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Washington - The biggest gain in U.S. business investment in over two years helped the world's largest economy expand more than previously forecast in the second quarter, raising expectations for the rest of 2014.
Gross domestic product, the value of all goods and services produced, rose at a 4.2 percent annualized rate, up from an initial estimate of 4 percent and following a first-quarter contraction, Commerce Department reported Thursday in Washington. Other reports showed the outlook for home sales improved in July, fewer people filed claims for jobless benefits last week and consumer confidence climbed.
Recent data showing American factories are receiving more orders and employment is picking up indicate companies such as General Electric will probably see demand sustained into the second half of the year. Better growth prospects and little sign of inflation signal Federal Reserve officials can wind down monthly asset purchases while keeping interest rates low.
"The recovery is becoming more well-entrenched," said Scott Brown, chief economist at Raymond James & Associates in St. Petersburg, Fla., who correctly projected the gain in GDP. "There is more optimism among businesses about increased demand. Ultimately, the Fed has to think seriously about the end game, though there is no need to hit the brakes any time soon."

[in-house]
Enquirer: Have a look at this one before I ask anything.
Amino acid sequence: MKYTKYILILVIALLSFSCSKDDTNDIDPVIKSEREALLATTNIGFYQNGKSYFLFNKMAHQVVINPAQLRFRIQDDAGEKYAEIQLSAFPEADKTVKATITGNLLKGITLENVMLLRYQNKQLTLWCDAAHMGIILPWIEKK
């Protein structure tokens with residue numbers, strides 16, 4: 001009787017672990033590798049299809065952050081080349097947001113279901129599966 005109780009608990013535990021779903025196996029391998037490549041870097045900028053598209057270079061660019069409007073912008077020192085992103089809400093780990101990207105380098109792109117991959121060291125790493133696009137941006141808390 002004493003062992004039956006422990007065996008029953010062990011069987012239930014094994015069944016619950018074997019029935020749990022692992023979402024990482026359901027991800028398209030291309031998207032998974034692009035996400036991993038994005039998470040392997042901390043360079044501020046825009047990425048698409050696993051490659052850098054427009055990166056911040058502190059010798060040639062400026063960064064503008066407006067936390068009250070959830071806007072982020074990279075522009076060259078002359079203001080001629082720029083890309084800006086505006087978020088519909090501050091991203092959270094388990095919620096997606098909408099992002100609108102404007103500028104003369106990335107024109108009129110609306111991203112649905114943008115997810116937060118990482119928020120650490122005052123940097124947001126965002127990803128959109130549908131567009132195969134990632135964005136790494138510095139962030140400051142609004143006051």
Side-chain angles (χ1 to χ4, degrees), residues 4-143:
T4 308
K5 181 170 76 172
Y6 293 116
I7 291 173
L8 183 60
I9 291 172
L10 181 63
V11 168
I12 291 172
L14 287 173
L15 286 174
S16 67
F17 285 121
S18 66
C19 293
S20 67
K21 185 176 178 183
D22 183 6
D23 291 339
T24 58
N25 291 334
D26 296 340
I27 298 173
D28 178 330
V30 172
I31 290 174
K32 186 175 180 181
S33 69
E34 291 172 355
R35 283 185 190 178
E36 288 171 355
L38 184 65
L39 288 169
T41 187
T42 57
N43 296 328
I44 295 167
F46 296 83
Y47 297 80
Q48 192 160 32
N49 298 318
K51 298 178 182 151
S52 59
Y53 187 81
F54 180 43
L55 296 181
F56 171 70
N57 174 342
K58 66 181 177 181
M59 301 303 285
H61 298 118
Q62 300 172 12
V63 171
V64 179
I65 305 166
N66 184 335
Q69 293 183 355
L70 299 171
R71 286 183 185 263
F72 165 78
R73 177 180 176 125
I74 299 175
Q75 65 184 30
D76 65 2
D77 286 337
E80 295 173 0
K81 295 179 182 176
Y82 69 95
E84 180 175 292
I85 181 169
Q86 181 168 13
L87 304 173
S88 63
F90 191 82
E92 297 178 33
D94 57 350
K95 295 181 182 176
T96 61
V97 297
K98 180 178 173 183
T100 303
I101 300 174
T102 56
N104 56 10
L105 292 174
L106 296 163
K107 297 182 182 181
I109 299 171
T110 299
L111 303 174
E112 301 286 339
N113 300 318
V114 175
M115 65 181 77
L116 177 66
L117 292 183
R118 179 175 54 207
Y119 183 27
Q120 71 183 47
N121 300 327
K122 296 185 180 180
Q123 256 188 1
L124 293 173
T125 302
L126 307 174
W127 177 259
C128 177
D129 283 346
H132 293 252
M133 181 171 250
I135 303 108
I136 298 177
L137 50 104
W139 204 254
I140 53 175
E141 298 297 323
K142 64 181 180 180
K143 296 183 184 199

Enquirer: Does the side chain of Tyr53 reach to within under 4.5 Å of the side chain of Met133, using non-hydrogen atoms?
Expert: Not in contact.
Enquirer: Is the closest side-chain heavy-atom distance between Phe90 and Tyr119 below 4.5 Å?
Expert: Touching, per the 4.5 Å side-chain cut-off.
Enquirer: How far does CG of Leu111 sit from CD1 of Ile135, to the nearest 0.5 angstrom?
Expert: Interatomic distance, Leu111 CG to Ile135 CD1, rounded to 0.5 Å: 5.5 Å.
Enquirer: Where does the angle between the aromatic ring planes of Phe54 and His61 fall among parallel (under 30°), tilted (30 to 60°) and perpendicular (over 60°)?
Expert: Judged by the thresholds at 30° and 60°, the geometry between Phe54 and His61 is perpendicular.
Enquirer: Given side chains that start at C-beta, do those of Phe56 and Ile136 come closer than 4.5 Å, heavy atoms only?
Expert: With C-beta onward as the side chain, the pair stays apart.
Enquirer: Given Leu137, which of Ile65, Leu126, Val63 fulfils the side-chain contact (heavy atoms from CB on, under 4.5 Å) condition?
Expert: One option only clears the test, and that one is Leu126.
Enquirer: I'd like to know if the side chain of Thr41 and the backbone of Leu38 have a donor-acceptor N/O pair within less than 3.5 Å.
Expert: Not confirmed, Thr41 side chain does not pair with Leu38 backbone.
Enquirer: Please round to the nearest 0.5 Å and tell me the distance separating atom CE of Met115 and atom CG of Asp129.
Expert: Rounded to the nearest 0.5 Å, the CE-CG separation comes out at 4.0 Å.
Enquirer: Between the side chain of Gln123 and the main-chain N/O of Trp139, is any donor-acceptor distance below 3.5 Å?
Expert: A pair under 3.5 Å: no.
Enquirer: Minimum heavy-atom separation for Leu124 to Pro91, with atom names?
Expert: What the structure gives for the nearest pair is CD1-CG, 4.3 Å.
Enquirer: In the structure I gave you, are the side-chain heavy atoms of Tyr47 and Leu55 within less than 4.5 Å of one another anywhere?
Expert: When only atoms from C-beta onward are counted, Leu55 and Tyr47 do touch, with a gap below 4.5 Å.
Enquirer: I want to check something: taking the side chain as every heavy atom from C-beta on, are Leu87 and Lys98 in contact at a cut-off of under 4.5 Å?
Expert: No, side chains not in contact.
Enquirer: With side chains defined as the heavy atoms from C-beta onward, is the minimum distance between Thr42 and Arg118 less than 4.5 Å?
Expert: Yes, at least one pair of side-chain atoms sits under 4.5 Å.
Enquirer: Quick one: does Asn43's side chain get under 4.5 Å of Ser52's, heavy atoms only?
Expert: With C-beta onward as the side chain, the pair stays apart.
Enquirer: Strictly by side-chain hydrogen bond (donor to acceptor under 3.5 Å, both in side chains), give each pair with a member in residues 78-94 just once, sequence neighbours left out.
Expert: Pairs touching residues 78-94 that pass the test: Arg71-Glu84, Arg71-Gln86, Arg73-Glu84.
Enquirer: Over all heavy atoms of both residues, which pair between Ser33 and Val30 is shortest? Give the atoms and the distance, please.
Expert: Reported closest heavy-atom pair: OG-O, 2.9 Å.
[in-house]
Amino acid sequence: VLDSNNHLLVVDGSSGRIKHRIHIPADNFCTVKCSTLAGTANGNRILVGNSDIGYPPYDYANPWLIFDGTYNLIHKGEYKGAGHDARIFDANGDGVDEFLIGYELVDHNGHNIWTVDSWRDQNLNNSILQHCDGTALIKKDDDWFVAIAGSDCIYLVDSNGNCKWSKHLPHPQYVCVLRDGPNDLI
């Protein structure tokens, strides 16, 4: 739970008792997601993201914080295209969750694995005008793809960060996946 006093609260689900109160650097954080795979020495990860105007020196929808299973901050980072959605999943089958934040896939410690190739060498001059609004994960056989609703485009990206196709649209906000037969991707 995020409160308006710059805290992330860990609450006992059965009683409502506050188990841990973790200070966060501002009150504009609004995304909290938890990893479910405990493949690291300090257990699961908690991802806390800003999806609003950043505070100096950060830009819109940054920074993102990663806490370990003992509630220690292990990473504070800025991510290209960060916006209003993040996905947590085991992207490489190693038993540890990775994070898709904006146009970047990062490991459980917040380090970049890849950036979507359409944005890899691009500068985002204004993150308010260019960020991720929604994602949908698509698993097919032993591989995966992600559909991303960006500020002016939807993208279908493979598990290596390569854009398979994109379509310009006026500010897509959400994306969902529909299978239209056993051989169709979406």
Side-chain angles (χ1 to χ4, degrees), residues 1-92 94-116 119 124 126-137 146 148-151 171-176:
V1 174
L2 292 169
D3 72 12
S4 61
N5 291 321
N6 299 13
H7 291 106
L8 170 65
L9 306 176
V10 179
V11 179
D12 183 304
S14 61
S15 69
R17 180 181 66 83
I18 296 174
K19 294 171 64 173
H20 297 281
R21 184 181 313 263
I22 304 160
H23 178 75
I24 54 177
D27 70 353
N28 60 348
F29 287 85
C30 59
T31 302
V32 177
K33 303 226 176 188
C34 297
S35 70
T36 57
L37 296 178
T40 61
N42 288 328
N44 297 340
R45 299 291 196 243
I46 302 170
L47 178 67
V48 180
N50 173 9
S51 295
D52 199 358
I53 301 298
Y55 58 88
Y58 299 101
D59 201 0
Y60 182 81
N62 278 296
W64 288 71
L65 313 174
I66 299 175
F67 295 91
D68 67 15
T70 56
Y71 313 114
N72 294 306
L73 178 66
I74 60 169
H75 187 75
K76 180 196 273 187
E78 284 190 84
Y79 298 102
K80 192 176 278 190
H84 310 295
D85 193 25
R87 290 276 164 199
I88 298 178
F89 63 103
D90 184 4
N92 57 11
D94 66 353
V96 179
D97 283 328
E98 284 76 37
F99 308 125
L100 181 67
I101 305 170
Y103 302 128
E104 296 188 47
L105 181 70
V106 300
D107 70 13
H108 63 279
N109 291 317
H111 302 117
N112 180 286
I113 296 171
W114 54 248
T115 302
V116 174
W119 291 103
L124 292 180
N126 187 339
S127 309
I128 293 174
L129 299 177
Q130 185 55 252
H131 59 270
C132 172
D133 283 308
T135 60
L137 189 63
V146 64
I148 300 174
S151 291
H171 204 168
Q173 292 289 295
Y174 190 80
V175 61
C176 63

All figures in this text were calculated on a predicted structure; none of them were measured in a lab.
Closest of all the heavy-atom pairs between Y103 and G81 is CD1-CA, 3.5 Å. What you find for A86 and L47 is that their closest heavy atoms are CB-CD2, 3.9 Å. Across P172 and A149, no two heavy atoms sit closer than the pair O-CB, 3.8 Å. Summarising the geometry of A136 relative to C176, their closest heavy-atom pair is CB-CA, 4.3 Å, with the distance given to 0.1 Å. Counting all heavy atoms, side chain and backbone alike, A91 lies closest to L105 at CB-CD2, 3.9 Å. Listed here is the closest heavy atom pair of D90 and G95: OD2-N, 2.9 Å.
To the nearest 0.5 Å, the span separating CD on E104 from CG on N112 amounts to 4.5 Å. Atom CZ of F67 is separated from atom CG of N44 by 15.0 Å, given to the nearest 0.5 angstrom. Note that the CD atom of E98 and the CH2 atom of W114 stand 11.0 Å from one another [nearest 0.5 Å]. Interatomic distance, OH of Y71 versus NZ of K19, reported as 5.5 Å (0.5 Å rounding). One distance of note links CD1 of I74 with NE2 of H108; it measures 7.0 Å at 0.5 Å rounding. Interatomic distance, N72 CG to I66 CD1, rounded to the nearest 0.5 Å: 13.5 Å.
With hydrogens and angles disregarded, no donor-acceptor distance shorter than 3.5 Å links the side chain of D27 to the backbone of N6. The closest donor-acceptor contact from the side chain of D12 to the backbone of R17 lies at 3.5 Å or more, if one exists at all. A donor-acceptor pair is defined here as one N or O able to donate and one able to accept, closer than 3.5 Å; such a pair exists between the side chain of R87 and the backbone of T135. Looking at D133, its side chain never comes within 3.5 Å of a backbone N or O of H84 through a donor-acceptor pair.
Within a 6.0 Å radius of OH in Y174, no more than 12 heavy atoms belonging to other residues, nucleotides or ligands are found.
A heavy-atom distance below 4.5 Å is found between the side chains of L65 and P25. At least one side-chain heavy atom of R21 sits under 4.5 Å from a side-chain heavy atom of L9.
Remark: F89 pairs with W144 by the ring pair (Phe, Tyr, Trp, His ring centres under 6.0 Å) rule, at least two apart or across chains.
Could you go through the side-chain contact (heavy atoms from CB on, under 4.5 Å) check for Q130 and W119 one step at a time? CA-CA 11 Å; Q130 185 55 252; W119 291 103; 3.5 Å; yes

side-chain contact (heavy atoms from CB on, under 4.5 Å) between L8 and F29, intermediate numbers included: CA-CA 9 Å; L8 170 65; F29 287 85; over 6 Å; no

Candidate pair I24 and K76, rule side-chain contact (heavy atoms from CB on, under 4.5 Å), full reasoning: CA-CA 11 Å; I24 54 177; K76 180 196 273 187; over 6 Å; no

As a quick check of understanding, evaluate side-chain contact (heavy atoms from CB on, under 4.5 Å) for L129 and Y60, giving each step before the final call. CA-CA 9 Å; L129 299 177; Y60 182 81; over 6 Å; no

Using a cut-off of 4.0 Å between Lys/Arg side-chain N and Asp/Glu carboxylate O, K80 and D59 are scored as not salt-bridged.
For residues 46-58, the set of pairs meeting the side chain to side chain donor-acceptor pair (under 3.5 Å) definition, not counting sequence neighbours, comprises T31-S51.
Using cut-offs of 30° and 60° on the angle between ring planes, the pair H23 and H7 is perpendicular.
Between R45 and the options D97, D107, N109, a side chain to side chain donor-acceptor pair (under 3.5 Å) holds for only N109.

The median forecast of 77 economists surveyed by Bloomberg called for a 3.9 percent gain in GDP. Estimates ranged from 3.5 percent to 4.3 percent.
The report also showed corporate profits climbed by the most in almost four years.
The revisions to GDP showed the pickup in growth last quarter came from bigger gains in corporate spending on structures and equipment and a smaller trade deficit that was partly offset by more tepid inventory building.
Stripping out inventories and trade, the two most volatile components of GDP, so-called final sales to domestic purchasers increased 3.1 percent, up from a previously reported 2.8 percent gain and the biggest advance in four years.
Business investment increased at an 8.1 percent annualized rate, the most since the first three months of 2012.
Companies are buying more equipment as earnings improve. Thursday's report also offered a first look at corporate profits. Before-tax earnings rose 8 percent last quarter, the most since the third quarter of 2010, after a 9.4 percent drop in the prior period.